Laws regulating the collection, use, and disclosure of personal data are (mostly) constitutional, and critics who suggest otherwise are wrong. Since the New Deal, American law has rested on the wise judgment that, by and large, commercial regulation should be made on the basis of economic and social policy, rather than blunt constitutional rules. This has become one of the basic principles of American constitutional law. Although some observers have suggested that the United States Supreme Court’s recent decision in Sorrell v. IMS Health Inc. changes this state of affairs, such readings are incorrect. Sorrell involved a challenge to a poorly drafted Vermont law that discriminated on the basis of both content and viewpoint. Such a law would have been unconstitutional if it had regulated even unprotected speech. As the Sorrell Court made clear, the real problem with the Vermont law at issue was that it did not regulate enough, unlike the “more coherent policy” of the undoubtedly constitutional federal Health Insurance Portability and Accountability Act of 1996.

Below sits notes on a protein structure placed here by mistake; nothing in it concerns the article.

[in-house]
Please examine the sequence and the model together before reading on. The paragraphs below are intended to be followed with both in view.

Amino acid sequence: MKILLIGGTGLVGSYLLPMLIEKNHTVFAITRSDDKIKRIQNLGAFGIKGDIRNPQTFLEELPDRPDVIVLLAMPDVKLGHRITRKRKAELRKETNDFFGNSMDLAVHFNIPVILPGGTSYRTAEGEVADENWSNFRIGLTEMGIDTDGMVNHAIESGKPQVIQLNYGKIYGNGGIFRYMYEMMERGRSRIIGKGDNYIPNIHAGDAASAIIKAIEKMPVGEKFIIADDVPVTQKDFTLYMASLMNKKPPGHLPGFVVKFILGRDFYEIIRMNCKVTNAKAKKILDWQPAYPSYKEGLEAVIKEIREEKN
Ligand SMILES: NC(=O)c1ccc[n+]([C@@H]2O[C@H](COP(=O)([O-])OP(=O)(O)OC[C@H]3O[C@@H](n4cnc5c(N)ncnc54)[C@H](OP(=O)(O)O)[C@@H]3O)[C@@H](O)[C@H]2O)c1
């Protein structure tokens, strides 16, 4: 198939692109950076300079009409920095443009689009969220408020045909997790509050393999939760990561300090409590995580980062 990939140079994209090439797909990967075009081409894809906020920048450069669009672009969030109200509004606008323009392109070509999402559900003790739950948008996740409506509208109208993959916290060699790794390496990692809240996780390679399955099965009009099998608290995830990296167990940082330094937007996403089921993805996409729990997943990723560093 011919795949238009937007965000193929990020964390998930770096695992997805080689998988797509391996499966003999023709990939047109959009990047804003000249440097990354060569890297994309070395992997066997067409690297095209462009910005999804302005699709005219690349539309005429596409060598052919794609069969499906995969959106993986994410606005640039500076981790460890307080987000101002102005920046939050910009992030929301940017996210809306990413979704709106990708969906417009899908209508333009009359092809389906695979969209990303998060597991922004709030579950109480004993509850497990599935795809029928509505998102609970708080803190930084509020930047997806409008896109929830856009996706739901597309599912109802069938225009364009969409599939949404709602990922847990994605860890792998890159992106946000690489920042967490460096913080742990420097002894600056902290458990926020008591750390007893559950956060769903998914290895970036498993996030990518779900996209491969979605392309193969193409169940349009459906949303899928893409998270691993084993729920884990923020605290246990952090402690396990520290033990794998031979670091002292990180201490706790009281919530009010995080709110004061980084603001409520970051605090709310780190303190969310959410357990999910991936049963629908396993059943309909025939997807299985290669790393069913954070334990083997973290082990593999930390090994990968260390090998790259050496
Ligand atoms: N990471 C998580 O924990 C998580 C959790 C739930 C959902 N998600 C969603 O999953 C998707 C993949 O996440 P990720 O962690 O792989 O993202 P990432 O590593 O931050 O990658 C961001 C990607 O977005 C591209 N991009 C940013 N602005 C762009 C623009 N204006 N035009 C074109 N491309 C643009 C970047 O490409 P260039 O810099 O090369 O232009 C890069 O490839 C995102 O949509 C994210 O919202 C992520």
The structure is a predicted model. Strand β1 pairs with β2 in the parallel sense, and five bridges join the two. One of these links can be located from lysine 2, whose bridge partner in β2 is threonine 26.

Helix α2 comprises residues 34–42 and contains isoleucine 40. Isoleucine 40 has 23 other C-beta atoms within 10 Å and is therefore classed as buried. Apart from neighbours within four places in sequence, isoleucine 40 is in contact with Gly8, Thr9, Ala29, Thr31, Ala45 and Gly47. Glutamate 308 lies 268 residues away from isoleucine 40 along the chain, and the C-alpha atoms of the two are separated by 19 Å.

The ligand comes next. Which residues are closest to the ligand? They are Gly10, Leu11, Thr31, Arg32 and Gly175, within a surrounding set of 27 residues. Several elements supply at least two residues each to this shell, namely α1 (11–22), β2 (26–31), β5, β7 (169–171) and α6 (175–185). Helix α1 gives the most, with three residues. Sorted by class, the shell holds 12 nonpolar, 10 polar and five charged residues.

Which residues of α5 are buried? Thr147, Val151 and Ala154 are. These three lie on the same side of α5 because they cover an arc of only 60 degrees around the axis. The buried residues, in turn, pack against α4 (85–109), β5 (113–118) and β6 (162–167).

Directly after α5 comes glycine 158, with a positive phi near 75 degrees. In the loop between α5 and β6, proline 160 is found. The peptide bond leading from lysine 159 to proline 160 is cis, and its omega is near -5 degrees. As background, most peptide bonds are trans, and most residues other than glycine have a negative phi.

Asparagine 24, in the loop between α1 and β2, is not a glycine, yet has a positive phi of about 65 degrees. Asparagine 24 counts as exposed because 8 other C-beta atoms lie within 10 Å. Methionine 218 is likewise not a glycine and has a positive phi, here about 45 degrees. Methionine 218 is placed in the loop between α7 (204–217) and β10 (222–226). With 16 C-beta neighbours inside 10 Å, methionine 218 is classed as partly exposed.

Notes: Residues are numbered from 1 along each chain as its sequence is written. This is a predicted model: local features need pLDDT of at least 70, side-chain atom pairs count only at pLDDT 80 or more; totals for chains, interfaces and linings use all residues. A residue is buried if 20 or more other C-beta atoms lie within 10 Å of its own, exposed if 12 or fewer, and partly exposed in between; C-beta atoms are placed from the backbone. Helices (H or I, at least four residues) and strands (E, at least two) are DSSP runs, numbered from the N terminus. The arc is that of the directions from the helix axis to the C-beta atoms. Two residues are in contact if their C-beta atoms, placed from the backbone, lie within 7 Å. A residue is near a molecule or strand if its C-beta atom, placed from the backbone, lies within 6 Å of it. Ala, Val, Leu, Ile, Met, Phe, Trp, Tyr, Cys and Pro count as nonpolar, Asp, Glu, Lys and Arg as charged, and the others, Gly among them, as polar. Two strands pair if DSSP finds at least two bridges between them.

Data privacy law should thus rarely be thought of as implicating serious constitutional difficulties, and this is a good thing. As we move into the digital age, in which more and more of our society is affected or constituted by data flows, we face a similar threat. If “data” were somehow “speech,” virtually every economic law would become clouded by constitutional doubt. Economic or commercial policy affecting data flows—which is to say all economic or social policy—would become almost impossible. This might be a valid policy choice, but it is not one that the First Amendment commands. Any radical suggestions to the contrary are unsupported by our constitutional law. In a democratic society, the basic contours of information policy must ultimately be up to the people and their policy-making representatives, and not to unelected judges. We should decide policy on that basis, rather than on odd readings of the First Amendment.